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Column: Life in Solitary

Published on: 20 Apr, 2020
Updated on: 23 Jul, 2020

By Tony Edwards

A fortnightly, light-hearted personal view of life during the coronavirus lockdown from a small study, somewhere in the Borough of Guildford…

[Don’t] Hold The Front Page
I’ve started to show symptoms of a growing neurosis while living in lock-down. The most recent involves speed-reading the front page of my morning newspaper, without touching it, while it’s still on the front doormat. I then kneel, prayer-like, beside it, carefully remove both front and back pages and rush them, at arm’s length, to the waste bin before scrubbing my hands and hoping the rest of the pages are clear of Covid-19 which, I’m assured, can live on paper for 24 hours. To be absolutely safe I suppose I should really place The Daily Mail in quarantine until the following morning when it would cease to be a potential danger. But it would also cease to be a “news” paper, in the accepted sense, so I’ve decided to take the risk and live dangerously.

Lock-Down Locks
I’m worried about my hair too. The pre-isolation problem was that it was falling out but the lock-down issue is the speed with which it’s growing. I was due for a haircut on March 25th but, a month later, my hair is reverting to a look I haven’t seen since the late 1960s when all the hippest young people in San Francisco wore flowers in their hair. When the hairdressers finally open their doors again, there’ll no doubt be at least a three-month online queue for an appointment. The good news is that old geezers like me may qualify for priority access or maybe a stylist delivered to our door.

Isolation, An Expert View
Former SAS officer and mercenary Simon Mann knows a thing or two about isolation, having spent 18 months in solitary confinement in Equatorial Guinea after a failed coup d’etat. I’ve been reading his book, Cry Havoc in which he describes his terrible isolation and the ongoing fear of not knowing when they might execute him. He got through the fear and isolation, he says, by routinely exercising every day [in chains] and learning, by heart, some of the poems by A E Housman after he’d been permitted the volume. I’m not a great fan of Housman so I’ve settled for Walter de la Mare, starting with The Listeners. That’s all about isolation too.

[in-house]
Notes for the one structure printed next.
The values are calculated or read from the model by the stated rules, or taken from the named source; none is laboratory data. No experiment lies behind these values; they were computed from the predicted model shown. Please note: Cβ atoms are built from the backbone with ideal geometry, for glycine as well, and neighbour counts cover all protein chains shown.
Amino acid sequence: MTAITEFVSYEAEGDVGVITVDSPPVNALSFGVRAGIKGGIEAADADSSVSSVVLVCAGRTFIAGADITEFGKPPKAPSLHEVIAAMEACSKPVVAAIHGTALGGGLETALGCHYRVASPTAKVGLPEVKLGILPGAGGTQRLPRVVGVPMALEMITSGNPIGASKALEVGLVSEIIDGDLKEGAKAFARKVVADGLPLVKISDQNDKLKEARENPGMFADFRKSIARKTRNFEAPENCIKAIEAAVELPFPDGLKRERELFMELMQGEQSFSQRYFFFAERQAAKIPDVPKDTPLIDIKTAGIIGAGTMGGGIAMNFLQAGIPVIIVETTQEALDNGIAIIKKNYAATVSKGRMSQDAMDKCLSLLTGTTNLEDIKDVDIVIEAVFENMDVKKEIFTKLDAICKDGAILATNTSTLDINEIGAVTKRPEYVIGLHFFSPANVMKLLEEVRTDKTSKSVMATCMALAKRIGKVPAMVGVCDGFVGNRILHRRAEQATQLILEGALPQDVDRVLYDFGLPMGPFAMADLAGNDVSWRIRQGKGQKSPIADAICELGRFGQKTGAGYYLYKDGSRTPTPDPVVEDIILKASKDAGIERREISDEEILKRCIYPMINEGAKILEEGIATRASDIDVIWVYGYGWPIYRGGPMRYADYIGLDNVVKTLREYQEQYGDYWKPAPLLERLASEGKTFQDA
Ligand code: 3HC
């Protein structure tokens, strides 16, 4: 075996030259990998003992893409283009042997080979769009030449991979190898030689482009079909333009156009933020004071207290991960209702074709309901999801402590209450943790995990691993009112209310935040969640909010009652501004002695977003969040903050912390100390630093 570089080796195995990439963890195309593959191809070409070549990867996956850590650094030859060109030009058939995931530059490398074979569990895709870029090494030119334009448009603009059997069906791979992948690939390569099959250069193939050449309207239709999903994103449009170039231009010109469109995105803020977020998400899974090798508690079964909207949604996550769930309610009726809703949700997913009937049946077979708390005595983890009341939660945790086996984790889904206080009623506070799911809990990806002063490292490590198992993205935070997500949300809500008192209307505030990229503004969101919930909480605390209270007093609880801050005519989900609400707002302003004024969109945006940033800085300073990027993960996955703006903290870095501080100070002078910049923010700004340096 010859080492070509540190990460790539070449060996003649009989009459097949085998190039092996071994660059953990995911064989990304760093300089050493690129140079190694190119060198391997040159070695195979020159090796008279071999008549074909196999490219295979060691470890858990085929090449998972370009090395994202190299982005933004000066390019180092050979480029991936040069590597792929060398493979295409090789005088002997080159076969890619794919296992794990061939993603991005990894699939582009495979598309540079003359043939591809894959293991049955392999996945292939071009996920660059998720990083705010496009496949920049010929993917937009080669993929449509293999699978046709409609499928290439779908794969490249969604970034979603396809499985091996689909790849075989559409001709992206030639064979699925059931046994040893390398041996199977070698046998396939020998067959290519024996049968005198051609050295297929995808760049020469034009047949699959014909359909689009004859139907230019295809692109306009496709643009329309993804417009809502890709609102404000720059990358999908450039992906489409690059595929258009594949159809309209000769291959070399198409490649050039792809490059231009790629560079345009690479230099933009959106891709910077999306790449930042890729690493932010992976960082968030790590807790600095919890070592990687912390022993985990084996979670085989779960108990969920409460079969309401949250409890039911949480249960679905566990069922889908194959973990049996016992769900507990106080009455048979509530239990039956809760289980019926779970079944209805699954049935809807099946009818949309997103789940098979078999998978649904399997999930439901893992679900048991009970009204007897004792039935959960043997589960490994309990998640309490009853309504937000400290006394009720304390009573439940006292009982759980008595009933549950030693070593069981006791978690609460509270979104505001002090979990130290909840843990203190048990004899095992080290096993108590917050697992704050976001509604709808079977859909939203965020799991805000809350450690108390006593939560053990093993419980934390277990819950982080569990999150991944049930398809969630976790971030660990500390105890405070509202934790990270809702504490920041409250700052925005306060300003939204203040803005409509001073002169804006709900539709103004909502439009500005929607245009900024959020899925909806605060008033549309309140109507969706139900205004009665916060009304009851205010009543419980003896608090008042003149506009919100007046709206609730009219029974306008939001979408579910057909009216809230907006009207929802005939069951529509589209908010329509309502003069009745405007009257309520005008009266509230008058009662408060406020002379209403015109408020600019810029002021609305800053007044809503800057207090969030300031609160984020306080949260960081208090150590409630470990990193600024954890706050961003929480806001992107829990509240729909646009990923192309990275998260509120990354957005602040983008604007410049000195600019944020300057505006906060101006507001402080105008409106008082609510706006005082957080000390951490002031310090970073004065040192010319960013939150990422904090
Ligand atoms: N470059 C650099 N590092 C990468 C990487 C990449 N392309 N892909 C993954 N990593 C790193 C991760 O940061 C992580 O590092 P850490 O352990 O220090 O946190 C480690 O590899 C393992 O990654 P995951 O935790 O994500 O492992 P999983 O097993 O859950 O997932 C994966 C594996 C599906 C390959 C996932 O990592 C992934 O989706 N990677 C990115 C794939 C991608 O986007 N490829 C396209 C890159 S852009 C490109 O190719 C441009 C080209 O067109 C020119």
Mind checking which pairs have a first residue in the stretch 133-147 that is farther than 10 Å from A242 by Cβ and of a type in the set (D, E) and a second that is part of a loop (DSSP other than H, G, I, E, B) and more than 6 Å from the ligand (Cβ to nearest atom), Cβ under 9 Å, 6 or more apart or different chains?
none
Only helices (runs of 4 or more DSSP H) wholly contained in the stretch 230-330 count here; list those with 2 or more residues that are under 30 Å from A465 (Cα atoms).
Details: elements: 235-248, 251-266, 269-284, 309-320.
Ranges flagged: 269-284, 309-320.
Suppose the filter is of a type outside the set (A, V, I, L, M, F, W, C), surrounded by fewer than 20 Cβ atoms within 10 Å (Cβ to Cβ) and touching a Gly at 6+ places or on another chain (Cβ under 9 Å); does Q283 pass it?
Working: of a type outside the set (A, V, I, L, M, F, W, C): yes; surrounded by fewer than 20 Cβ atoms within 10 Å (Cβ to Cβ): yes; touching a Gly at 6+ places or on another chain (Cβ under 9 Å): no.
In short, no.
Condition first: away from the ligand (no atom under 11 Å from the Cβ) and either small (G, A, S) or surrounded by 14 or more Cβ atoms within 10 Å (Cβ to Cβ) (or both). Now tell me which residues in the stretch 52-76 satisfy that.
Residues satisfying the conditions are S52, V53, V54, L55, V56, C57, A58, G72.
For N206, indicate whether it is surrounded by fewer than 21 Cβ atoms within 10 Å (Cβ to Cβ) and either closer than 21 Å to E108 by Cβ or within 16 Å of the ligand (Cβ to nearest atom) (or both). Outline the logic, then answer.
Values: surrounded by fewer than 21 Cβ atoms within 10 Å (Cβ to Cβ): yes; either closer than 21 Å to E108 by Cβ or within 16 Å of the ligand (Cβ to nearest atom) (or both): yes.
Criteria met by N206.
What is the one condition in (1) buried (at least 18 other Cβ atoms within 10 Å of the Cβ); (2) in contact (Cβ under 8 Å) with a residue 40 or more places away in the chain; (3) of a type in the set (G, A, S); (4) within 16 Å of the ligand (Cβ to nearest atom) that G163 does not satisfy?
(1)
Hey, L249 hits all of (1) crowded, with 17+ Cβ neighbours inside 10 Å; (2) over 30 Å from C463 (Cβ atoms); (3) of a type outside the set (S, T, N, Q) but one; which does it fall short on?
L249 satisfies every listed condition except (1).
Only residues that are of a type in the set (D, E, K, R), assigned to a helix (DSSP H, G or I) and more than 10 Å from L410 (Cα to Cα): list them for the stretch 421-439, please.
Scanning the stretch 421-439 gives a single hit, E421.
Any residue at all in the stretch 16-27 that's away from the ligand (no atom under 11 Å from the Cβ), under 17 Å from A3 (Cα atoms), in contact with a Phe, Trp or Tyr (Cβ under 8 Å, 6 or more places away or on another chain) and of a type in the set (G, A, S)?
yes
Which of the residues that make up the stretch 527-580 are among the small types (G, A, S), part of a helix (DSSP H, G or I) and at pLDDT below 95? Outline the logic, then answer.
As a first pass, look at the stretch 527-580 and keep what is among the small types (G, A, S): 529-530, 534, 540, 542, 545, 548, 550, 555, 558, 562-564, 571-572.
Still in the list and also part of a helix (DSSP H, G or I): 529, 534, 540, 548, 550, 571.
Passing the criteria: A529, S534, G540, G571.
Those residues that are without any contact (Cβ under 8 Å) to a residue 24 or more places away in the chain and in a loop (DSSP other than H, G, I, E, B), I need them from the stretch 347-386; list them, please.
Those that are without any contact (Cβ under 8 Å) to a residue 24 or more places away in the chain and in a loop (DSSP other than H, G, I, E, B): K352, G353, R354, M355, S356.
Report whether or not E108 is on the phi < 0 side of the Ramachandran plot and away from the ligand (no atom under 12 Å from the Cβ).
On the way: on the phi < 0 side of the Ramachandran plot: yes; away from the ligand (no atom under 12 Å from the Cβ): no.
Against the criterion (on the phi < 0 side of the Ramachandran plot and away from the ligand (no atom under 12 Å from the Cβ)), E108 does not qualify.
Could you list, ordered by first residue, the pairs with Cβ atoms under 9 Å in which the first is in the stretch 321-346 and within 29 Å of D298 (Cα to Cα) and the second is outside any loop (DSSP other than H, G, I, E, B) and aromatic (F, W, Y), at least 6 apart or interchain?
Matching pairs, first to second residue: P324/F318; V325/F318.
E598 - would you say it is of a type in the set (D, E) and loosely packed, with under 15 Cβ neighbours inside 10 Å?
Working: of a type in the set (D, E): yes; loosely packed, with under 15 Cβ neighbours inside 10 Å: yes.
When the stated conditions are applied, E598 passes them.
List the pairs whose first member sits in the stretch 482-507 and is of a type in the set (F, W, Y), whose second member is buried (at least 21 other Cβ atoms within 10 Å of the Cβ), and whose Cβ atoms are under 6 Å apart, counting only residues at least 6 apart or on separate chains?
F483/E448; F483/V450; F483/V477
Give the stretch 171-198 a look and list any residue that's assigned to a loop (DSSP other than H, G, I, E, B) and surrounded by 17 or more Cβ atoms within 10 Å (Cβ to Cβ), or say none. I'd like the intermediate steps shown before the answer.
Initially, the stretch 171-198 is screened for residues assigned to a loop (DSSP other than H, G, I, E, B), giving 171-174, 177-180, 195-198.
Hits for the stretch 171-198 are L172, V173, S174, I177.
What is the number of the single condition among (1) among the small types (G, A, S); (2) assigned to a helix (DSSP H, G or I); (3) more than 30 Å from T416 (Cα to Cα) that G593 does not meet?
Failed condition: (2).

Chasing Happiness
I can sympathise with children everywhere who dream of heading for the nearest park to play with siblings and friends in the late spring sunshine. Books and computer games can be poor substitutes for running riot and letting off steam. But can these be the same children who, just a matter of weeks ago, were glued to their computer screens and had to be dragged, screaming, into the great outdoors for some fresh air? As American poet Walt Whitman put it; “Happiness is not in another place but this place…not in another hour but this hour.”

The Plague & ‘Sociable Proximity’
And talking of words from the past which resonate with today’s lockdown life, may I present you with a quote from the famous diarist Samuel Pepys, referring to the enforced “Social Distancing” which accompanied the 17th-century Great Plague: “Abiding by the newly forged laws of ‘Safe Sociable Proximity’, I invited His Lordship to stand outside my front door at midday, wherefrom he would discourse with me as I leaned out, a safe distance away, from my upper chamber window.” There was some confusion about what constituted a safe distance. Some said it was four “rods”(about 20ft), others insisted it was eight “perches” (about 16ft). I think they settled at several “chains” (each chain about 21ft).

Speedy Deliveries
My weekly Ocado delivery was more than an hour early this week due to now almost zero traffic on roads and motorways, according to the van driver, who also noted that these days, nobody is ever out when he calls. Every cloud …

Old Friends